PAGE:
Listen up Kanye. “While the world’s egging him on, I’m begging him to stop it, playin’ his old shit knowin’ he won’t top it, false prophets (false profits).”
“Line up n*ggaz in order, of who you think can really fuck with me most, then I tuck the heat close, if he don’t duck then he ghost, ain’t no need for discussion, if they won’t talk about the bread these mothafuckas be toast.”
HBO and J. Cole bring you part one of a four episode docu-series that follows Cole around the globe with the pending release of his 2014 Forest Hills Drive album. In the first episode HBO follows Cole for the 23 days leading up to his release. If you’re a fan of Cole this behind the scenes look is a pretty interesting watch and it makes you wonder why more artists don’t do stuff like this anymore.
This song by itself is pretty dope. It’s tough not to compare what Kendrick just did to J. Cole’s track however. For this release, J. Cole eyes in on Kendrick Lamar’s hit TPAB joint “Alright”. Cole even hints at rumors concerning the long-awaited collaborative project from him and Kendrick. Something tells me that Black History Month could be huge for the hip-hop game this year.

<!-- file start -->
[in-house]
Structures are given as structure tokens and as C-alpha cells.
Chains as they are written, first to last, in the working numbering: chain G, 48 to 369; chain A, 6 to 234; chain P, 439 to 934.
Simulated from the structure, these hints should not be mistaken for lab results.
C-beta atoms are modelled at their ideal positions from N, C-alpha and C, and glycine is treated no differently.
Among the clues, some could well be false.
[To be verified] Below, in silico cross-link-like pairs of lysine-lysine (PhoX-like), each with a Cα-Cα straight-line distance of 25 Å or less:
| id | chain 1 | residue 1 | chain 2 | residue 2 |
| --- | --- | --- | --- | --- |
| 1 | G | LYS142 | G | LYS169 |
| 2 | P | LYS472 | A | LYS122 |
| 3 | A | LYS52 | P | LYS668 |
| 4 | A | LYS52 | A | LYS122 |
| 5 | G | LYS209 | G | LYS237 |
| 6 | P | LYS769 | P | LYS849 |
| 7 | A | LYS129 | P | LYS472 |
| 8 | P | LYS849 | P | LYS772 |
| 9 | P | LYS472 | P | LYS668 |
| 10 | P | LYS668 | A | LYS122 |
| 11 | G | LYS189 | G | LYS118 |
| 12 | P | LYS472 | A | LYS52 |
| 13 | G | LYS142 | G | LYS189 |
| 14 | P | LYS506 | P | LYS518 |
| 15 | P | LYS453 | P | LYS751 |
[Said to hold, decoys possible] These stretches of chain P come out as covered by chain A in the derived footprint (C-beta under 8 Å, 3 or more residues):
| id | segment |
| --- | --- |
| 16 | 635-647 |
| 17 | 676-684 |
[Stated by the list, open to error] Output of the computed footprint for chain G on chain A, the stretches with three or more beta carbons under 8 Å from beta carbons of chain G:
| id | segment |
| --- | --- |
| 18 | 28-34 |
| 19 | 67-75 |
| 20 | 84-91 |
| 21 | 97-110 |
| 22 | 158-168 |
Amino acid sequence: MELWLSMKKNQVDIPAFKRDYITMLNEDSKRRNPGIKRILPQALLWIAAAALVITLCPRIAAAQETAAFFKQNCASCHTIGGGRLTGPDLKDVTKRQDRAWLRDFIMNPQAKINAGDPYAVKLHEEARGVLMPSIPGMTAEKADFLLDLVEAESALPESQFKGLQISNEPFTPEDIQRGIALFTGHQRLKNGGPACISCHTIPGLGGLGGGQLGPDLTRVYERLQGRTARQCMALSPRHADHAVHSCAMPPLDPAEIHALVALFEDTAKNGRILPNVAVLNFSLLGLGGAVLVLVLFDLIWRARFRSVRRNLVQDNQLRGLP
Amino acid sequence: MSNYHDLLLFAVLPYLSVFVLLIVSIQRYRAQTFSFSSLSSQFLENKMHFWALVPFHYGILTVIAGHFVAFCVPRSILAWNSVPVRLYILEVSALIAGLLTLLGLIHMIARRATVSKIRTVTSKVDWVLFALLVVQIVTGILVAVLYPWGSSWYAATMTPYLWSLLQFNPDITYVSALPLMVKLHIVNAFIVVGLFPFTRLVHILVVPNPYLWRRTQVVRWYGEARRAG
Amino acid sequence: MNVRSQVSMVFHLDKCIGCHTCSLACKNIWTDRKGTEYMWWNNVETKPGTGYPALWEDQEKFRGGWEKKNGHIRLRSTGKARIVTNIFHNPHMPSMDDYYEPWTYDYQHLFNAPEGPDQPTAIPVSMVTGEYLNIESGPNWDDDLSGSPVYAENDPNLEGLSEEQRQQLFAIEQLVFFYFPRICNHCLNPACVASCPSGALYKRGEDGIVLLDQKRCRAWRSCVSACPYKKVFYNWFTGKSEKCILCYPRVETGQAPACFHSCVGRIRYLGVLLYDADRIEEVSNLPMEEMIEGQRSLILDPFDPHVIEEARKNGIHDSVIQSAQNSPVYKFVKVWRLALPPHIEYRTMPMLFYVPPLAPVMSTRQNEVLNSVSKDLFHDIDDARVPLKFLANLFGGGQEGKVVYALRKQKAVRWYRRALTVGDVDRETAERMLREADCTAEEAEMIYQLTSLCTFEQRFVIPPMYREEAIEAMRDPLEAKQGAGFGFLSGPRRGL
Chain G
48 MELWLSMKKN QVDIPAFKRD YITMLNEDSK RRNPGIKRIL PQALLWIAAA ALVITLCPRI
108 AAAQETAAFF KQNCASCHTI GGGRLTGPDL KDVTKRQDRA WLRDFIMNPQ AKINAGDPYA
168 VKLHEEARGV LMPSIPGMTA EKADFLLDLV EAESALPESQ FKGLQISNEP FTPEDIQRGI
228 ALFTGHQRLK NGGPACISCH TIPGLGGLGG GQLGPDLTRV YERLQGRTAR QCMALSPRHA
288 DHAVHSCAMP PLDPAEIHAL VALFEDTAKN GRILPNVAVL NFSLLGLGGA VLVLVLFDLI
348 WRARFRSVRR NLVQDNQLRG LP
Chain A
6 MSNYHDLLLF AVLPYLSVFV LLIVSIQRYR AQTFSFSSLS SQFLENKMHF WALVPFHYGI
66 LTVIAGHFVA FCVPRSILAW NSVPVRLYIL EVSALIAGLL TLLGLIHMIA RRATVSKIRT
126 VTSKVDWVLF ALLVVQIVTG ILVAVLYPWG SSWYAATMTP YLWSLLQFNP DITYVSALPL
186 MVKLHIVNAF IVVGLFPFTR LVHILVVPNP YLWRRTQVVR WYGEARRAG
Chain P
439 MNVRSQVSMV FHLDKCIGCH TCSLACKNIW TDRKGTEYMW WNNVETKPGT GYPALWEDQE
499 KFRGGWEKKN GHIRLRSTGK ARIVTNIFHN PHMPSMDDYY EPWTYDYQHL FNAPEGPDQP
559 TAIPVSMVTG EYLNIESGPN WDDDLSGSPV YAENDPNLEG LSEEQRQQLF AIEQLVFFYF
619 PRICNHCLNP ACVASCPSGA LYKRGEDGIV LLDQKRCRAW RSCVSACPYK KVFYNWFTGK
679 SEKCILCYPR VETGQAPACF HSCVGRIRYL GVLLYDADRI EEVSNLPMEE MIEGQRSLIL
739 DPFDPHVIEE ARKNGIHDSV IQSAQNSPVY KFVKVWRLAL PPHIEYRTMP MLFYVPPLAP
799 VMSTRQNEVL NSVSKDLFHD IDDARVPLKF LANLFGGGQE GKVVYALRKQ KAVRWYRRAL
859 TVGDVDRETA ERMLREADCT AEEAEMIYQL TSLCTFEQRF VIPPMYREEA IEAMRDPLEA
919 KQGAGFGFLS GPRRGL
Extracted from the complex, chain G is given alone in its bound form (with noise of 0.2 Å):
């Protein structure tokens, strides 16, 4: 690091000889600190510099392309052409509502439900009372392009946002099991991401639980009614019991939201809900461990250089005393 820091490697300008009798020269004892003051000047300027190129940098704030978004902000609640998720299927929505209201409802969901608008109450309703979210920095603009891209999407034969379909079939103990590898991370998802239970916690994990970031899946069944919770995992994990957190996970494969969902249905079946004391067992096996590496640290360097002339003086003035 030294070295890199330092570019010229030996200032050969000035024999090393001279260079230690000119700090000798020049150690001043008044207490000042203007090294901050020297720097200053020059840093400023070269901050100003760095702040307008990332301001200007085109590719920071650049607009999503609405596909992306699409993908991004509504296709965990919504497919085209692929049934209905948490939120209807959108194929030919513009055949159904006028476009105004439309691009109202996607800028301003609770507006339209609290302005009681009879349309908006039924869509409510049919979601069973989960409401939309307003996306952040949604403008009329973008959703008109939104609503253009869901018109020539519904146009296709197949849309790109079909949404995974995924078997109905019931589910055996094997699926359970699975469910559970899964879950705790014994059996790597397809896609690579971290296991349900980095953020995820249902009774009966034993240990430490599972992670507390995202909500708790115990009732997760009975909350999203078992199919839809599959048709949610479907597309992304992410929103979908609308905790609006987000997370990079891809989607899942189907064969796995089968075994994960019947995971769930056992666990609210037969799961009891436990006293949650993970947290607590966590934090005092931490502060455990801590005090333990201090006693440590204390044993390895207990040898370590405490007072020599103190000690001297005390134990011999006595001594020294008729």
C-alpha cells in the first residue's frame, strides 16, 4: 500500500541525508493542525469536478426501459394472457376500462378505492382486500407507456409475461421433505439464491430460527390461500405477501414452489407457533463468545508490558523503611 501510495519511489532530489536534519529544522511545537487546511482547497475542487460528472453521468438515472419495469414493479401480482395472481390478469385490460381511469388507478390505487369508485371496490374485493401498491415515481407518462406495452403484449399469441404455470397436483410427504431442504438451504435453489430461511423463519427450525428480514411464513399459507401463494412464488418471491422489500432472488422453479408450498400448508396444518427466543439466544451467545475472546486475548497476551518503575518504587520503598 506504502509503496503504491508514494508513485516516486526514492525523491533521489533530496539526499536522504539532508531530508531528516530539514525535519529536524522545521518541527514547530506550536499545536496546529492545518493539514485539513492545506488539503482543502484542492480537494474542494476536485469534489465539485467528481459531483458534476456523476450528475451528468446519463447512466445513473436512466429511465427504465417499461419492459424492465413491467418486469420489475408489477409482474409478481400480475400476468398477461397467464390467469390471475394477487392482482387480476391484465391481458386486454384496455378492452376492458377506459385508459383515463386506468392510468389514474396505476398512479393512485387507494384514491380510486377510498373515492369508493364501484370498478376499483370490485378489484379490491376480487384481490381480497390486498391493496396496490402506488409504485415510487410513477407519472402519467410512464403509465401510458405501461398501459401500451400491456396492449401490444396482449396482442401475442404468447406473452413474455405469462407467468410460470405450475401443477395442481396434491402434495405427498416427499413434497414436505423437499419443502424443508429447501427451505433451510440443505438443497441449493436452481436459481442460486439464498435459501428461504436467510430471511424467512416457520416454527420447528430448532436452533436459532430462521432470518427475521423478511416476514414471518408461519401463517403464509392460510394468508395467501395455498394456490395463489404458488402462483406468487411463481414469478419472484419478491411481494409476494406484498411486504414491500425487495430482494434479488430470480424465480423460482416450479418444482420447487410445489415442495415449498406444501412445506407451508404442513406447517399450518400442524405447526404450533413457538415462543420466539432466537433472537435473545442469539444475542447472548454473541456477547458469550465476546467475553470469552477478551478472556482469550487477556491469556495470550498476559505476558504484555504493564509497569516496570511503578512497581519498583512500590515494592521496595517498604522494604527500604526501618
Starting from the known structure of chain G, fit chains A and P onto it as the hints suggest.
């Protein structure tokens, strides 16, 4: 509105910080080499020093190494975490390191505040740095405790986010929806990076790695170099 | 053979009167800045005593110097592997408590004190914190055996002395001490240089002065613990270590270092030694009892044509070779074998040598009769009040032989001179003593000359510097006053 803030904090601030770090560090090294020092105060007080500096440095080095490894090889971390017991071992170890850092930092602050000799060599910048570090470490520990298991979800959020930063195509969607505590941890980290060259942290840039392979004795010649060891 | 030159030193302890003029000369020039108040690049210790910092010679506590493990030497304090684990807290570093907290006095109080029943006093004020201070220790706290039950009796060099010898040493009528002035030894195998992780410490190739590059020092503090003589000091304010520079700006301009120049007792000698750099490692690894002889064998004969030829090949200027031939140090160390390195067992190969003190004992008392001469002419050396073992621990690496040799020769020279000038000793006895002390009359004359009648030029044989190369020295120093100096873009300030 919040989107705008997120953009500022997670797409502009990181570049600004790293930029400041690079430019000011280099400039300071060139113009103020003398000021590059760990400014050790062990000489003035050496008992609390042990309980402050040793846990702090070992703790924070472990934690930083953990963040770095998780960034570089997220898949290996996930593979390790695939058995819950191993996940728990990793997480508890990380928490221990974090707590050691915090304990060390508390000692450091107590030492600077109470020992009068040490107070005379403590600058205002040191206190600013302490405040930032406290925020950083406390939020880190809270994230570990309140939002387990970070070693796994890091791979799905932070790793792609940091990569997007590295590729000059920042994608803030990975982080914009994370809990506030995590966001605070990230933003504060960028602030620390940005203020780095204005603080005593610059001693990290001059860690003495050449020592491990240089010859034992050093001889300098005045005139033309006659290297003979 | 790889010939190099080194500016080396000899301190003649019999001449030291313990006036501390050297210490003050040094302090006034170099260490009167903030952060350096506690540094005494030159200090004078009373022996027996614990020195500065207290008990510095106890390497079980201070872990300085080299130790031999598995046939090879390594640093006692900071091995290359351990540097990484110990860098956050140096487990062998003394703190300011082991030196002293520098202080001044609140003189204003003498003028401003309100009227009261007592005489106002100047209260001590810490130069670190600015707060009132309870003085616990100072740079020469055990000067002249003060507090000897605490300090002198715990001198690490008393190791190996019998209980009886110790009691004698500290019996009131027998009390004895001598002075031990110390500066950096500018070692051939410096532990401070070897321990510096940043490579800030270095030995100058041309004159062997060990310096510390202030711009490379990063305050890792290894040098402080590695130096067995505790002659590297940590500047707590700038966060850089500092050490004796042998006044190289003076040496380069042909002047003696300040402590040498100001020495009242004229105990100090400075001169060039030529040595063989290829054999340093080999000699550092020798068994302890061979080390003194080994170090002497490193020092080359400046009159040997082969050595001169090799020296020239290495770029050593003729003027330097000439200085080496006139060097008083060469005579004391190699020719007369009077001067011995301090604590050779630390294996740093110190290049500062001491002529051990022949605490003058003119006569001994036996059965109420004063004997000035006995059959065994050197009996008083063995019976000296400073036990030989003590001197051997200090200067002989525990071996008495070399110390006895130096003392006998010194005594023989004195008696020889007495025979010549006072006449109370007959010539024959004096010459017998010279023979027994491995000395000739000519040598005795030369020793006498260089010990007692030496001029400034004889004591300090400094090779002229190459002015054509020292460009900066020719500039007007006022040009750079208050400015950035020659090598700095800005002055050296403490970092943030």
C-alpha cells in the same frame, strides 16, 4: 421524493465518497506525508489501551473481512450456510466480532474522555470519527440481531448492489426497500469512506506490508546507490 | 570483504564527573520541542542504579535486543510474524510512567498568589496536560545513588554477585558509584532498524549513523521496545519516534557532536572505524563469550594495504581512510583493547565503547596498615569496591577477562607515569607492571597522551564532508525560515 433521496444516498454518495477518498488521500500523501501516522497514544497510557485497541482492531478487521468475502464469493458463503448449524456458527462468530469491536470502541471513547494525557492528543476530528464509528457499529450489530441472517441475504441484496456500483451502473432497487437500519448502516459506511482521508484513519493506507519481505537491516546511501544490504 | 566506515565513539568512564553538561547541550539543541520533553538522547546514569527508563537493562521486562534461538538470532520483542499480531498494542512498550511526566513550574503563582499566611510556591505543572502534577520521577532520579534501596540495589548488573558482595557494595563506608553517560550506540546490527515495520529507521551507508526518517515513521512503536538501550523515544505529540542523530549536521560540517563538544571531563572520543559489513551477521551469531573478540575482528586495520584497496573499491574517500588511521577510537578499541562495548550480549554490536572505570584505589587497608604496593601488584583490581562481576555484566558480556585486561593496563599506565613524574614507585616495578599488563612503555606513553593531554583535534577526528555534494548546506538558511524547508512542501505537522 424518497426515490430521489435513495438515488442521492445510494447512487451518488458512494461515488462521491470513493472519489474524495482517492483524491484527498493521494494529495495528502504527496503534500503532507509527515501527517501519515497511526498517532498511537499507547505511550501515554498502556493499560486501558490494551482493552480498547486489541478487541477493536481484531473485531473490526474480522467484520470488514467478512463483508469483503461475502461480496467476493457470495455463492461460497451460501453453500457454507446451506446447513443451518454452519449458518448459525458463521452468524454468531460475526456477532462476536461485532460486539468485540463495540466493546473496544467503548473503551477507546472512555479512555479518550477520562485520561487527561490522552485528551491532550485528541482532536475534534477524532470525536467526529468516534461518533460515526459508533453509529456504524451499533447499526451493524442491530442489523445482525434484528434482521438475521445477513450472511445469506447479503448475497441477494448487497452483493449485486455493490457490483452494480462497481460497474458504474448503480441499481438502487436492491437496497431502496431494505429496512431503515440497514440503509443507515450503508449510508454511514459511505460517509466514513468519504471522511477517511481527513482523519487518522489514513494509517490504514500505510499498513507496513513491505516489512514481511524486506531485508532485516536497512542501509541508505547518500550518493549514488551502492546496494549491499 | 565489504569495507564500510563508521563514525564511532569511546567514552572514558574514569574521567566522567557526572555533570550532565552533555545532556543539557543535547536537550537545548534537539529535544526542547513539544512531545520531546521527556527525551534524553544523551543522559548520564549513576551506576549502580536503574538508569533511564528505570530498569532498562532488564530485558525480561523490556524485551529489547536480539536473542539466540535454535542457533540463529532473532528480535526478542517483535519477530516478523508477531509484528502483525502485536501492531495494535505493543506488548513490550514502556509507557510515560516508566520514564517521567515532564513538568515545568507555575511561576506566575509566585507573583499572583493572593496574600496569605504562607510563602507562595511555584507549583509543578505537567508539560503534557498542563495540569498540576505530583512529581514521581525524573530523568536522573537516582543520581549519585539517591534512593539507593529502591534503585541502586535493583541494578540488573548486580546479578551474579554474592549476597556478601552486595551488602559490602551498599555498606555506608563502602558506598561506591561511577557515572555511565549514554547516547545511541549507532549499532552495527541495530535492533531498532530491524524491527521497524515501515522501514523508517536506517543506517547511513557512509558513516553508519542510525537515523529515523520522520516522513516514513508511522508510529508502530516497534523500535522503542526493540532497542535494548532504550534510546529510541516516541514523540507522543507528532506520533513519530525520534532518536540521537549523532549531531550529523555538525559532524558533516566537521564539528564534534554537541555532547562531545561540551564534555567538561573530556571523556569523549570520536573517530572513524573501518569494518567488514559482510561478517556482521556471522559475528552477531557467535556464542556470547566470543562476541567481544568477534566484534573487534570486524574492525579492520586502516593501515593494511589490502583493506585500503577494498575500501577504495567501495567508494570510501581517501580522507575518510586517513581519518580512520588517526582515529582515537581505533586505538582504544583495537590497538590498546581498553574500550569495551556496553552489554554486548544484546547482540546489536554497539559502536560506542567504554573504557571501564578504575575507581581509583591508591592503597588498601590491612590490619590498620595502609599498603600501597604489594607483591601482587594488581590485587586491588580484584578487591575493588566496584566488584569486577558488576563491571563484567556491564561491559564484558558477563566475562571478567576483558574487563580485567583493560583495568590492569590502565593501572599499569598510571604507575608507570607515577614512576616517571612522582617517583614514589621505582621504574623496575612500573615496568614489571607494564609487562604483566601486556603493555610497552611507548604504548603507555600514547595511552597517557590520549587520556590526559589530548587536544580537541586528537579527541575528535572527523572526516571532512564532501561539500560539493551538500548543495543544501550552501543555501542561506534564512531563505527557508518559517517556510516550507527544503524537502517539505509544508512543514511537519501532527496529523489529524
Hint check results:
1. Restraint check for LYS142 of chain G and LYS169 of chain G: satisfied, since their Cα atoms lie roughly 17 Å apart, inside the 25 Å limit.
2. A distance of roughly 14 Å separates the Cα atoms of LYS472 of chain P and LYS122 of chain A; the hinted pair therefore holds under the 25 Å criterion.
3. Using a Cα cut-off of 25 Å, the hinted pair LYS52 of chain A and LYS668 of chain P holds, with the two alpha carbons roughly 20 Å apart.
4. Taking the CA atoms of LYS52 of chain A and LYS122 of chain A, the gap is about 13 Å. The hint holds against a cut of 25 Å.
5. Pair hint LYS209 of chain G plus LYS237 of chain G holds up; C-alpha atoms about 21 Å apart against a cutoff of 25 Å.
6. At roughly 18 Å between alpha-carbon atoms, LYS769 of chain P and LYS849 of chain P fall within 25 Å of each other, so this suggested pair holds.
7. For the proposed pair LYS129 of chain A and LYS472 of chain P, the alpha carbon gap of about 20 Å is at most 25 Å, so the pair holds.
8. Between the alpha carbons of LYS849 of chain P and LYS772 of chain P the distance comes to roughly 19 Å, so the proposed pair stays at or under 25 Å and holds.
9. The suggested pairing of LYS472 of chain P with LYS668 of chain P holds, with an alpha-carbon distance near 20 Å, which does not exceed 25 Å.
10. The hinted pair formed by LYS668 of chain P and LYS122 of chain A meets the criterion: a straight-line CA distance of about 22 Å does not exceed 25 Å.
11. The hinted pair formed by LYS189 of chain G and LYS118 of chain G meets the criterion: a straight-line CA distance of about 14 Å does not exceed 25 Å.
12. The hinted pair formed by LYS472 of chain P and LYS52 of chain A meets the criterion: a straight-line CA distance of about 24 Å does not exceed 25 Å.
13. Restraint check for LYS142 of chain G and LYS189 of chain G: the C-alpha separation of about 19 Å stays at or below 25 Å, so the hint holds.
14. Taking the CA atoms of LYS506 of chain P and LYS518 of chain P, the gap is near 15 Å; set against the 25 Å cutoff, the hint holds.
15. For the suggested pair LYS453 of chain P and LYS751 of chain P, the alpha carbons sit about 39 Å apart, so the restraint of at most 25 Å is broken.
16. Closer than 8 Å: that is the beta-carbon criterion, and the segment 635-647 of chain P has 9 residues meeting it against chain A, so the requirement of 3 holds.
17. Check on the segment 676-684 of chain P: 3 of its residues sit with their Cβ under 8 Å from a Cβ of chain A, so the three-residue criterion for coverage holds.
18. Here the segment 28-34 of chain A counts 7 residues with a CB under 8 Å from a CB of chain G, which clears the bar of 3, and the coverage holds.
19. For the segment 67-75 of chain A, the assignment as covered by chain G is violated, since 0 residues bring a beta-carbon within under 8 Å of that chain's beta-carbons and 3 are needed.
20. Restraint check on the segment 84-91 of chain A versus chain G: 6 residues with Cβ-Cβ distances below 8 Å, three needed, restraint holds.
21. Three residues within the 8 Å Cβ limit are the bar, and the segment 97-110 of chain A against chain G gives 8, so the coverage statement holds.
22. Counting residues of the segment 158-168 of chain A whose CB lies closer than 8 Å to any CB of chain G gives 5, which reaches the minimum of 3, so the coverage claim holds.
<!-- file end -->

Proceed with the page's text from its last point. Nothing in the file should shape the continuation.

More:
I suggest you to watch the video first (in full screen) and then read down below.
In this video Cole is depicted as the house slave. The other slaves on the plantation despise him because of this. Cole realizes the distance between him and his fellow people and begins to start a rebellion against the slave owners.
“Hollywood Cole” (the house slave) was caught in a place between making hits for the radio and still being able to relate to his own people. Although having “sold out” (Cole World: The Sideline Story) he still remains true to his thoughts and beliefs and wants you to know this (2014 Forest Hills Drive). Cole hasn’t left his people. He’s just gotten to a place where he has the resources to actually help his people.
J. Cole is currently on his Forest Hills Drive tour that is set to go through the summer. The other night, Cole took a minute from touring to sit down with Tavis Smiley to discuss a number of topics including his competitiveness and his focus on obtaining good grades from a young age.
During the in-depth interview, Cole elaborated upon his overall rap style and growing up fatherless. He also discusses his childhood environments (going from a trailer park to the eventual home he resided at with his mother and brother on 2014 Forest Hills Drive). To cap off the interview (which aired on PBS) Cole also broke down “A Tale Of Two Citiez,” “Love Yourz” and “Fire Squad”, and spoke about their importance to the project.
With the release of J. Cole’s 2014 Forest Hills Drive Jermaine pays a visit to The Late Show w/ David Letterman. If you thought the song was moving before just wait until you hear the new verse Cole added in. Powerful, powerful stuff.
I’m so elated, we celebrated like Obama waited until his last day in office to tell the nation, brothers is getting their reparations, hey! A man can dream, can’t he? No disrespect, in terms of change I haven’t seen any, maybe he had good intentions but was stifled by the system and was sad to learn that he actually couldn’t bring any…